The Moral Molecule

Neuroscience and economic behavior

Fit Matters

Three things science shows can improve employee selection. Read More

Team building

The purveyors of Personality systems, like the MBTI, are dead set against using personality in selecting a job candidate. But I agree with you. When you are building a team, you often have one person on the team that is highly productive, but hard to get along with. So you hire someone that you think will sooth their rough edges. Getting someone to "fit" in the team is exactly what you are advocating in your article. In reality, that is how a lot of jobs are filled.

Wow-- this is the scariest thing I've read in a long time.

I mean, for starters you have openly come out in favor of employers delving ever deeper into the private lives of not just their employees, but their family members, too; to assess their "fit" with corporate culture.
You make it sound considerate and benign-- "Will this person and his or her family be happy in the location for which you are hiring? Will partners and children acclimate easily there?"-- but I do not trust those in an actual position to make hiring decisions to make the most considerate and benign choices in a corporate environment.

Older people, the disabled, and minority races are disproportionately among the ranks of the long-term unemployed. And I attribute this problem directly to "hiring for fit".

Of course we are going to like better those who resemble ourselves-- it's human nature to feel more comfortable around the familiar. And so, thanks to the license we've been given by the fit ethos, most people hired are culturally privileged-- white, mail, young, attractive, and able-bodied.

Worse, the fit ethos has the effect of making everything else a worker brings to the table, including hard work, useless. What good is building your skills, or even showing passion for a certain task; if it's all going to be undone by the subjective decision of a hiring manager? It's very demotivating for learning, or taking charge of one's own life. "Flawed System/Flawed Self" illustrates this quite well, detailing the greater psychological damage American job seekers suffer compared to those in other countries: http://www.amazon.com/Flawed-System-Self-Unemployment-Experiences/dp/022...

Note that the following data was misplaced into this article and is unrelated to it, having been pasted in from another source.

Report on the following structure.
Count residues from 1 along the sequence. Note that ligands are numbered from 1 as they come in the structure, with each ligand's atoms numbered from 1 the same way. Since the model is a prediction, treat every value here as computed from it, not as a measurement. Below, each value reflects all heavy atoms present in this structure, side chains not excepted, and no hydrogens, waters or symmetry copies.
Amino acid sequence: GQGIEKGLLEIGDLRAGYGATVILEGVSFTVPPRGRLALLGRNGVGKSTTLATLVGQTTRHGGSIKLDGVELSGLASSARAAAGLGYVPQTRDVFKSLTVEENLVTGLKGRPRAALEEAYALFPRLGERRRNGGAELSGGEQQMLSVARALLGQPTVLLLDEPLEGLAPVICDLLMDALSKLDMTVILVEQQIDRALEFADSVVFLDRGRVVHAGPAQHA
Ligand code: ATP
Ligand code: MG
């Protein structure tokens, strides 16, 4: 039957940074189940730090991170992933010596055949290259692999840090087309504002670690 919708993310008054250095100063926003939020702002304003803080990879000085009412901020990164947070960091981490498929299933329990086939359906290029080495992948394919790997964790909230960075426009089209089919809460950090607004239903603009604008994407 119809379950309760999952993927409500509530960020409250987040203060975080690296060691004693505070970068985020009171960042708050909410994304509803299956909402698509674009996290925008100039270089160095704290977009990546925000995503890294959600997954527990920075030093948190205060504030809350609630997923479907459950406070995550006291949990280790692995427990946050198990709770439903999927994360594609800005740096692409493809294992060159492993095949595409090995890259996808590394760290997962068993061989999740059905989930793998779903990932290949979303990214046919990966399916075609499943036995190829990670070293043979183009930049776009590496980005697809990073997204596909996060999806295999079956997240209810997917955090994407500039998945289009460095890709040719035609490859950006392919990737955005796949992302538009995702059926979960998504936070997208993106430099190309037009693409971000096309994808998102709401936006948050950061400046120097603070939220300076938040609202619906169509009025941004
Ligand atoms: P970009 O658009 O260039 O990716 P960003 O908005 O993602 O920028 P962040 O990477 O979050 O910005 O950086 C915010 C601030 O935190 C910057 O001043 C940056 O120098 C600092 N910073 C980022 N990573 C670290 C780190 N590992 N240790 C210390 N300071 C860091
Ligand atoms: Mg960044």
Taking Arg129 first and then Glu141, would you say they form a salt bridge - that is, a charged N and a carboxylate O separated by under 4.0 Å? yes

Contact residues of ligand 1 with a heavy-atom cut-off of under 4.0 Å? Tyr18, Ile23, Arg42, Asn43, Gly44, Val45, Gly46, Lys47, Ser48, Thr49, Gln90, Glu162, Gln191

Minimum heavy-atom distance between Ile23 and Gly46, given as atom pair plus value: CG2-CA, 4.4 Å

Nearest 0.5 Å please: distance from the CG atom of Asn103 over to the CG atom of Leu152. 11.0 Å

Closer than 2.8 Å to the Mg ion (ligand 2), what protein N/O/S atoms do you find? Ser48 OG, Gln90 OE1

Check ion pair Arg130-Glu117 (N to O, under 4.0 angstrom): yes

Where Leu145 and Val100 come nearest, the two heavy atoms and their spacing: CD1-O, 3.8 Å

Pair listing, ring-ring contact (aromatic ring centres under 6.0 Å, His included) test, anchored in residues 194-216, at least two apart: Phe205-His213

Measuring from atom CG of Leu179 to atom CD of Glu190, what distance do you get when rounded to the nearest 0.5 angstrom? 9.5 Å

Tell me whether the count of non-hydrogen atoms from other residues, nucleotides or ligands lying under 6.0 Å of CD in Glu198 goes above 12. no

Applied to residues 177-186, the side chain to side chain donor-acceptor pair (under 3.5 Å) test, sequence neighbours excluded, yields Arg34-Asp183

In a very insidious way, the fit ethos undermines one of Americans' most cherished values-- the value of self-determination. Clearly, we can no longer work at whatever line of work we want, and can no longer succeed at whatever task we choose given enough hard work. The final decision there is increasingly in the hands of HR and hiring managers who purport o know us better than we know ourselves.

I know the fit ethos is coming with good intentions. But knowing human nature and the history of the job market, there is just too much potential for abuse there.

You're killing Jobs Lucy

Lucy, you have no idea how to run a business. It is the employer's responsibility to look out for the rights of the share holders, who are the owners of the company. In fact, that's the law. They have the responsibility to hire the best workers that are the most efficient. And given the limited information they have, they have to make choices. This author is trying to give businesses an advantage in hiring the best workers. There is nothing wrong with that. I don't care what color they are, or how enabled they are. If they are the best, they will get hired. Get over your social responsibility crap. You're killing companies by trying to shame them into hiring by flipping a coin. That is a recipe for disaster, which is already happening to many companies.

Do all the people at your company look and feel the same?

@Annonymous:

Then, I'm sorry to say, you do not have a meritocracy. You have a workplace selected on who makes you, or the boss, feel the most comfortable and unthreatened.

Creating a homogeneous workforce based on warm and fuzzy feelings you get when applicants are similar to you, is also a recipe for disaster.

Besides, I'm not sure how many skilled workers would like finding out that they were hired-- and thereby given the opportunity to practice and *become* skilled at their jobs in the first place-- because they played the same sport as the CEO. Or enjoyed binge drinking as much as the head of HR. Or were sexually attractive to the boss (which is increasingly being rationalized as good for bringing in customers and raising workplace morale).

Yes, it got them a foot in the door. But think about how many more skilled workers we could have created if bosses DIDN'T heed the siren call of their subconscious.

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Paul J. Zak is a neuroeconomist at Claremont Graduate University in Claremont, CA.  His book The Moral Molecule will be published in 2012.

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